p h o u k a  h o m e i r i s h  l e s s o n s  h o m e

Book 3:


  95 96 97
98 99 100 101
102 103 104 105
106 107 108 109
110 111 112 113
114 115 116 117
118 119 120 121
122 123 124 125
126 127 128 129
130 131 132 133
134 135 136 137
138 139 140  


exercise CXXIX

§ 743. The conditional mood of is is ba; asl ba ṁaiṫ an rud é, it would be a good thing, an mba ṁaiṫ leat é? would you like it? After aspiration takes place, and after naċ, an, etc, eclipsis; as, an mba é sin an bóṫar? would that we be the road? But in the spoken language the conditional ba after praticles is exactly like the perfect tense ba after particles; as níor ṁaiṫ an rud é, it would not be a bood thing. Nár ṁór an sgeul é? would not that be a great story? So, ar ṁaiṫ leat sin? would you like that? arḃ ḟearr leat é? would you prefer it?

§ 744. The verb atá and bí in relative sentences.

In sentences like "the man who is at work", "our Father who art in heaven", "the men who are sick", etc the words "who art, are, is" etc, are translated by atá; as, an fear atá ag obair; ar n-Aṫair atá ar neaṁ; ná fir atá tinn, etc.

§ 745. Hence the word who is not tranlated. The same is true of the words which, that; as, an capall atá anuiġ ins an ḃfeur, the horse that is (or which is) out in the grass.

§ 746. Some people used to write an fear a tá, an capall a tá, as if a were a relative = who, which that.. This is the usage in the spoken language, but is not warranted by grammar, or the history of the language. It is probably introduced in imitation of English, etc.

§ 747. Translate into English

Béiḋ an t-airgead ag an ḃfear atá ag obair ṡíos ar an móin (bog). An ḃfaca tú an bad nuaḋ atá ṡíos ar an aḃainn? An maiṫ leat an ṁin ġeal atá ins an siopa. Ní'l agam anois aċt an ṗiġinn atá in mo ṗóca. An ḃfuil aiṫne agat ar mo ṁac atá 'na ċoṁnioḋe in Albain? Ní'l, aċt atá aiṫne ṁaiṫ agam ar an mac eile atá san mbaile in Éirinn. An fearr leat an t-uisge atá ins an tobar 'ná an tuisge atá ins an aḃainn? Is cuma liom aċt ní'l an t-uisge so ċoṁ milis leis an uisge eile. An le Nóra an t-uan sin atá anuiġ ar an ḃfeur ins an bpáirc ḃuiḋe? Ní h-eaḋ, is liom féin an t-uan sin. Seaġan saor, margaḋ daor.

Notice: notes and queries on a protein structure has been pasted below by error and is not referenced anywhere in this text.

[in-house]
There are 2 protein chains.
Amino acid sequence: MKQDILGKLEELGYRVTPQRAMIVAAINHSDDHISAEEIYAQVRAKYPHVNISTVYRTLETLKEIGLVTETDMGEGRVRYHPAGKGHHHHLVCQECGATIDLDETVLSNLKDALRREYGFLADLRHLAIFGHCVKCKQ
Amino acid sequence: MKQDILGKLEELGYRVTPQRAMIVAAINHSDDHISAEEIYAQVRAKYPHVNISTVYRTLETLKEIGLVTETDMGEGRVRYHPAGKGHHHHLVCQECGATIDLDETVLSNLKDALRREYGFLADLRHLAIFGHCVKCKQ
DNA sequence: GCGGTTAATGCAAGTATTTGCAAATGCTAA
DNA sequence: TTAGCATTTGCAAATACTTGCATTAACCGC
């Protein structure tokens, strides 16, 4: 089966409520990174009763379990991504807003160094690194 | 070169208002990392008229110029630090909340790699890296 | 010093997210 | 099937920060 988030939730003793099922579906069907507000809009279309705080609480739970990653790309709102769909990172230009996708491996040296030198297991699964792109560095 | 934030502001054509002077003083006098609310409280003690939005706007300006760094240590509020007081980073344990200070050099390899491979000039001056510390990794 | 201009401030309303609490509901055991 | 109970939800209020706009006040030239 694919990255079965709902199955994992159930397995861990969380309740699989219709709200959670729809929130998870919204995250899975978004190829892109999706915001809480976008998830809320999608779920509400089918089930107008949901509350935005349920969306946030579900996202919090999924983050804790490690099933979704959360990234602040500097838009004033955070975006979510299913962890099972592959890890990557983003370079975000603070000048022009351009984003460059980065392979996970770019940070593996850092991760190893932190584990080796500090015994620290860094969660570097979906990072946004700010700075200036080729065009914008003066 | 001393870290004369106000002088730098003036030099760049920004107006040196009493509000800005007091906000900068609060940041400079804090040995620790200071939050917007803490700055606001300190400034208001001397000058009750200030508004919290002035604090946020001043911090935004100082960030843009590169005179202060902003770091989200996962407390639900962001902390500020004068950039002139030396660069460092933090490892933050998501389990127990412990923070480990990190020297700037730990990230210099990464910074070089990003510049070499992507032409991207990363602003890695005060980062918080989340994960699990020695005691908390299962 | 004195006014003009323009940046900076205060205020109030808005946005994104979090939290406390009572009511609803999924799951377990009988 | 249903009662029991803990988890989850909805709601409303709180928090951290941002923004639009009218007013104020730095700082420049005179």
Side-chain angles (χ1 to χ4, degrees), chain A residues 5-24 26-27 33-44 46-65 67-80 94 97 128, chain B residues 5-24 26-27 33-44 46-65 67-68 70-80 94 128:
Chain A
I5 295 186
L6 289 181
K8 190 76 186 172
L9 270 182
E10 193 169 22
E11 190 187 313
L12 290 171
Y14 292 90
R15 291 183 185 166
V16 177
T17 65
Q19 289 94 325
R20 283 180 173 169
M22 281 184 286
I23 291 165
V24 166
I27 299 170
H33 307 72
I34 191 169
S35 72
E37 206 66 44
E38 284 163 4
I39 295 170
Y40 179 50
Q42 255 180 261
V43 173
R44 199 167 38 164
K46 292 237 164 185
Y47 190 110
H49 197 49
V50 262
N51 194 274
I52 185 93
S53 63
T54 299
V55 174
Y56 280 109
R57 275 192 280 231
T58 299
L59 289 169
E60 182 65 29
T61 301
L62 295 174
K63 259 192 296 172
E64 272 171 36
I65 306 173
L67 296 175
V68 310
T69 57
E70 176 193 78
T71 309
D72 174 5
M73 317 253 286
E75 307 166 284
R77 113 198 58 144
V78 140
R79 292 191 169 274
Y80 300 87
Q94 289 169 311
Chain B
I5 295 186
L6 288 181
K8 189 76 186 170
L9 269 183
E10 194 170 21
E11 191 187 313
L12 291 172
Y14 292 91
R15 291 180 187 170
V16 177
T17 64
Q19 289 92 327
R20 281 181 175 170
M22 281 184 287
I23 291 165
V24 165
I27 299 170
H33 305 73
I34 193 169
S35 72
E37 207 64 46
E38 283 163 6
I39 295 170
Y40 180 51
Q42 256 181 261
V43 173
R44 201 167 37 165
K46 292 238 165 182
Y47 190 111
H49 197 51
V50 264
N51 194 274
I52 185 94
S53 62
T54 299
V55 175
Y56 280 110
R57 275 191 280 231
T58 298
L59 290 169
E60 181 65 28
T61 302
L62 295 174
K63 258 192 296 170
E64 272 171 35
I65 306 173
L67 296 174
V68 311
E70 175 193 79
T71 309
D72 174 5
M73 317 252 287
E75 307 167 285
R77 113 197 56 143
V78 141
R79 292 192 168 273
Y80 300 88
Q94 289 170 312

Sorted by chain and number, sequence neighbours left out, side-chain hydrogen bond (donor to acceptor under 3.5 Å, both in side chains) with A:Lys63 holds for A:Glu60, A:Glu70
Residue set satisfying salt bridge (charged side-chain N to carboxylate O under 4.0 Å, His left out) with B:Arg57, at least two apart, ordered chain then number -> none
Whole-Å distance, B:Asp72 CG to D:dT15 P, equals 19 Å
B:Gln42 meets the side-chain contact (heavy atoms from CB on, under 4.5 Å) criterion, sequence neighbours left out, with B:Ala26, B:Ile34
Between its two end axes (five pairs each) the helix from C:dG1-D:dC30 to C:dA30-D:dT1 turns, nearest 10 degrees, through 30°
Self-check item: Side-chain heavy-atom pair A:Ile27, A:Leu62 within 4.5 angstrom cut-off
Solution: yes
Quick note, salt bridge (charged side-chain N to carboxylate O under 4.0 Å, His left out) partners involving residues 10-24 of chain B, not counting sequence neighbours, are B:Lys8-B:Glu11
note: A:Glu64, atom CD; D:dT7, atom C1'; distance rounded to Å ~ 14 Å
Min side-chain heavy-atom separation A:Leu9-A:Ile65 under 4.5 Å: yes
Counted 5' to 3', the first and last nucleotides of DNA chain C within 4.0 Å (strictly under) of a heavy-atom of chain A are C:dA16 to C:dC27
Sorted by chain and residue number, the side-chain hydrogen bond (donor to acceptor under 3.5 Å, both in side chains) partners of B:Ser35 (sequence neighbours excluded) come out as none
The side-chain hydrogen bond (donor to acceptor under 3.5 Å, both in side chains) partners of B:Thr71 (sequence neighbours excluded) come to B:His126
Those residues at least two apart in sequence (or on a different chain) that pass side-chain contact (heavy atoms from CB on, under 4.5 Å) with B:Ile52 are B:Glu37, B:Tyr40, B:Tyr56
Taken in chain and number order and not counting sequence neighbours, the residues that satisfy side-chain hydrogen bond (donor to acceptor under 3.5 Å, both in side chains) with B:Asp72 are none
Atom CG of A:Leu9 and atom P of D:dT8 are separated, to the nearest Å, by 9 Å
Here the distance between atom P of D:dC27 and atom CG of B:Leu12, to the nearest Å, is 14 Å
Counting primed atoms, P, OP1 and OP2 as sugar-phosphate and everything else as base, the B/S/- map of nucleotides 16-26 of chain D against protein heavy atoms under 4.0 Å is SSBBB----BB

§ 748. Translate into Irish

  • Do you own the horse that is on the road? No, he belongs to Patrick O'Reilly.
  • Did you see the little bird that is up in the tree? Yes, it is a pretty bird.
  • Is it a lark? No, a lark does not be up in a gree like that, a lark does be lying in the grass when she does not be up in the sky.
  • The lark that is up in the sky now can sing sweetly (has sweet music).
  • He owns the house that is on this road.
  • The grass that is on this mountain is coarse.
  • The rent that is on the land is heavy.
  • It is better to be within than without today, considering (agus) the cold weather we have (atá ann).

note that
are not
necessarily pronounced
as in English

See § 13-16


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